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Book Review: “Harry Potter and the Cursed Child” 

By Ciara Anderson, ‘16

“Harry Potter” fans rejoiced this past summer as the eighth installment of the series was released. J.K. Rowling joined forces with Jack Thorne to create a play and a book to add to the Wizarding World. It was an exciting idea that answered many questions that were left unanswered from previous installments.

The book is simply a script from the play that has garnered much attention. The last we saw Harry was in “The Deathly Hallows.” This book introduced the characters Albus Severus, James Sirius, Lily Luna, and Rose and Hugo Granger-Weasley that are revisited in “Harry Potter and the Cursed Child.” The basis of the story surrounds Albus Severus Potter (Harry and Ginny’s son) and Scorpius Malfoy‘s (Draco’s son) quest to save Cedric Diggory. Or rather, simultaneously fix everything they ruined in the process.

Cedric Diggory is a main character in “Harry Potter and the Goblet of Fire,” the fourth book in the series, who (spoiler alert) dies and leaves Harry feeling guilty for the rest of his life. Cedric is a loveable character, which is why his appearance in this new book was exciting. Book fans knew of Harry’s guilt throughout the rest of the series, but to base an entire script off of that—stroke of genius.

The unanswered questions: what’s going to happen to the children? Where is Harry and the gang now? Has the wizarding world stayed peaceful throughout this entire time?

This is 19 years’ worth of questions of course not in real time, though it feels like it. All of them were answered somewhat and the book was action packed, bringing old characters back to life and making us fall in love with the new ones!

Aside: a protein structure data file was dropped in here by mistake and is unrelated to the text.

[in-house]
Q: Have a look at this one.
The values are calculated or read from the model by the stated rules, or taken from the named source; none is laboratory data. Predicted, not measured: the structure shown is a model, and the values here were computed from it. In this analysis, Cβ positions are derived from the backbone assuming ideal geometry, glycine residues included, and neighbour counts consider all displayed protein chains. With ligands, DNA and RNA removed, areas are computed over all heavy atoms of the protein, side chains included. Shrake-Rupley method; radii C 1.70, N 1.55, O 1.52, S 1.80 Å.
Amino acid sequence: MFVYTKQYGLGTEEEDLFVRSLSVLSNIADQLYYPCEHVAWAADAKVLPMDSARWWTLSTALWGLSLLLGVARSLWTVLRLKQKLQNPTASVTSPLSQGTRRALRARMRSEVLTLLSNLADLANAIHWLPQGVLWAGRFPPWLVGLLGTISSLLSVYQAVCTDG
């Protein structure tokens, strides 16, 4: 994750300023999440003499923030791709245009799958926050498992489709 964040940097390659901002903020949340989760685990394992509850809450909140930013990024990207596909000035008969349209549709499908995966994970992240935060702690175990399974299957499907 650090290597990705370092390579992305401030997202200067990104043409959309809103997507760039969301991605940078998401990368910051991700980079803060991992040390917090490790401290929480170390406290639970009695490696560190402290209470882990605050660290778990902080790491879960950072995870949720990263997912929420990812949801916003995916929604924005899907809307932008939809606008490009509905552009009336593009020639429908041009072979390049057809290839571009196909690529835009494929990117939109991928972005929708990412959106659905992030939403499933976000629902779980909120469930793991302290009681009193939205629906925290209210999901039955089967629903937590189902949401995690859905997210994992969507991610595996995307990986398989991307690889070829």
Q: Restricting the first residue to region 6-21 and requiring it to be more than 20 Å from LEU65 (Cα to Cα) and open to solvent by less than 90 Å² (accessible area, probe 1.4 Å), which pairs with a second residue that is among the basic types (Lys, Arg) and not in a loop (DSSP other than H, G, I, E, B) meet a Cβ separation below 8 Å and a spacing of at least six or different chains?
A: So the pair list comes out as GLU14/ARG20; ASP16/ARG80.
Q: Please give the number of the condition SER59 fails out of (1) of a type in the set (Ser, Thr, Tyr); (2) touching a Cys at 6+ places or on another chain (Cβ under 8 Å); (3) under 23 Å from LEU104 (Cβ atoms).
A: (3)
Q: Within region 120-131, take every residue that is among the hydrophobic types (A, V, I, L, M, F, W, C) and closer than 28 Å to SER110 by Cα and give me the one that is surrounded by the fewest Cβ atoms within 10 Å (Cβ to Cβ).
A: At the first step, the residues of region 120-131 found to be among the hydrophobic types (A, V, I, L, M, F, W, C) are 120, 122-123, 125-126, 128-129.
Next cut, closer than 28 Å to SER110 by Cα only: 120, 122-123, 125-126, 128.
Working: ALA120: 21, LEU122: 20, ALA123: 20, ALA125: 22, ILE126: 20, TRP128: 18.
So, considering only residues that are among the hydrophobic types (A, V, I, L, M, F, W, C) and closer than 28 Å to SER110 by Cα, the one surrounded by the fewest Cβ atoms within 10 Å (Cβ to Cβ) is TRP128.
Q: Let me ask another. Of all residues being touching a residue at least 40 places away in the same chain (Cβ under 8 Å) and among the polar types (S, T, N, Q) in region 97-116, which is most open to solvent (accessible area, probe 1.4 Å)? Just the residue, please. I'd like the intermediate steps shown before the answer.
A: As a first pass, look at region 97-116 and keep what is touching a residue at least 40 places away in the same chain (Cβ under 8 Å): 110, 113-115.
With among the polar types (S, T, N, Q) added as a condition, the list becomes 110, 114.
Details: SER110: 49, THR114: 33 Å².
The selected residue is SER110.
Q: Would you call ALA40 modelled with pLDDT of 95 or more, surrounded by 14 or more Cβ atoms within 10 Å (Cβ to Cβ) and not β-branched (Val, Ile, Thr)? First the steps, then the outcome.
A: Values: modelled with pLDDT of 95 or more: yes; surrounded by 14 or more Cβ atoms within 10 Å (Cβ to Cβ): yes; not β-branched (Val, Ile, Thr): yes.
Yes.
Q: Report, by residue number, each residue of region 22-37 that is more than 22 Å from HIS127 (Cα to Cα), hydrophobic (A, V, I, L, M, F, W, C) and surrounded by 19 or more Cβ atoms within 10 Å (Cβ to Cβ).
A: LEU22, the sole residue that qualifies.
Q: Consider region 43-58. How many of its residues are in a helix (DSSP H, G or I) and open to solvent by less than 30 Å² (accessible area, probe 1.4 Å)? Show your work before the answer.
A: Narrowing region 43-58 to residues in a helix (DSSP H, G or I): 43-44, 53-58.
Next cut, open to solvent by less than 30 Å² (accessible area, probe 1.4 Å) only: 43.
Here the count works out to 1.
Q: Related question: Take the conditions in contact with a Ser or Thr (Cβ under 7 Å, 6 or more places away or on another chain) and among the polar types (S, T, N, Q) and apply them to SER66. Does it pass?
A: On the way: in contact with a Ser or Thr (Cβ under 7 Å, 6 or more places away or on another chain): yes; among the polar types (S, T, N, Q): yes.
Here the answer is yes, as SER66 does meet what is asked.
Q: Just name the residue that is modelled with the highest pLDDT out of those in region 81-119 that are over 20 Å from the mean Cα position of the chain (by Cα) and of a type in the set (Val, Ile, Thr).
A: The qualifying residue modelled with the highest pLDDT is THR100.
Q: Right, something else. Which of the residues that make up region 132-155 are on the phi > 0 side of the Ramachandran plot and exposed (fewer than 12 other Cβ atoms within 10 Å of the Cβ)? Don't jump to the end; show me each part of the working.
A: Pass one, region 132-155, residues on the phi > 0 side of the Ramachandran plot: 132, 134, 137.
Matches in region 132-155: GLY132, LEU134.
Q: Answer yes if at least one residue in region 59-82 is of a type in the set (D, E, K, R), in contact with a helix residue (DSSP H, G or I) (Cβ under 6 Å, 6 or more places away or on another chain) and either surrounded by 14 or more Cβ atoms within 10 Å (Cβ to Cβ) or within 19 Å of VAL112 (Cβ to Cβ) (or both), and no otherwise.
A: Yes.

Unfortunately, this book only reached my expectations, it did not exceed them. The other releases left me excited to read the next book, while this one only made me feel content that there was another Harry Potter continuation. I wish the father and son relationship between Harry and Albus was more concise. When we first met Albus it seemed like he and Harry were the closest out of all his children, then this relationship became hazy. They didn’t want to be related at one point, and then Albus suddenly wanted to save Harry’s reputation with Cedric Diggory’s death? Of course this makes for an amazing plot and shows that Harry’s stubbornness that fans have grown to love did not fall far from the tree, but a bit more clarity with their relationship would have made this book an A+.

I would recommend this book to everyone, the only requirement I have is to read the first seven books and fall in love with the greatest pieces of fiction of our time.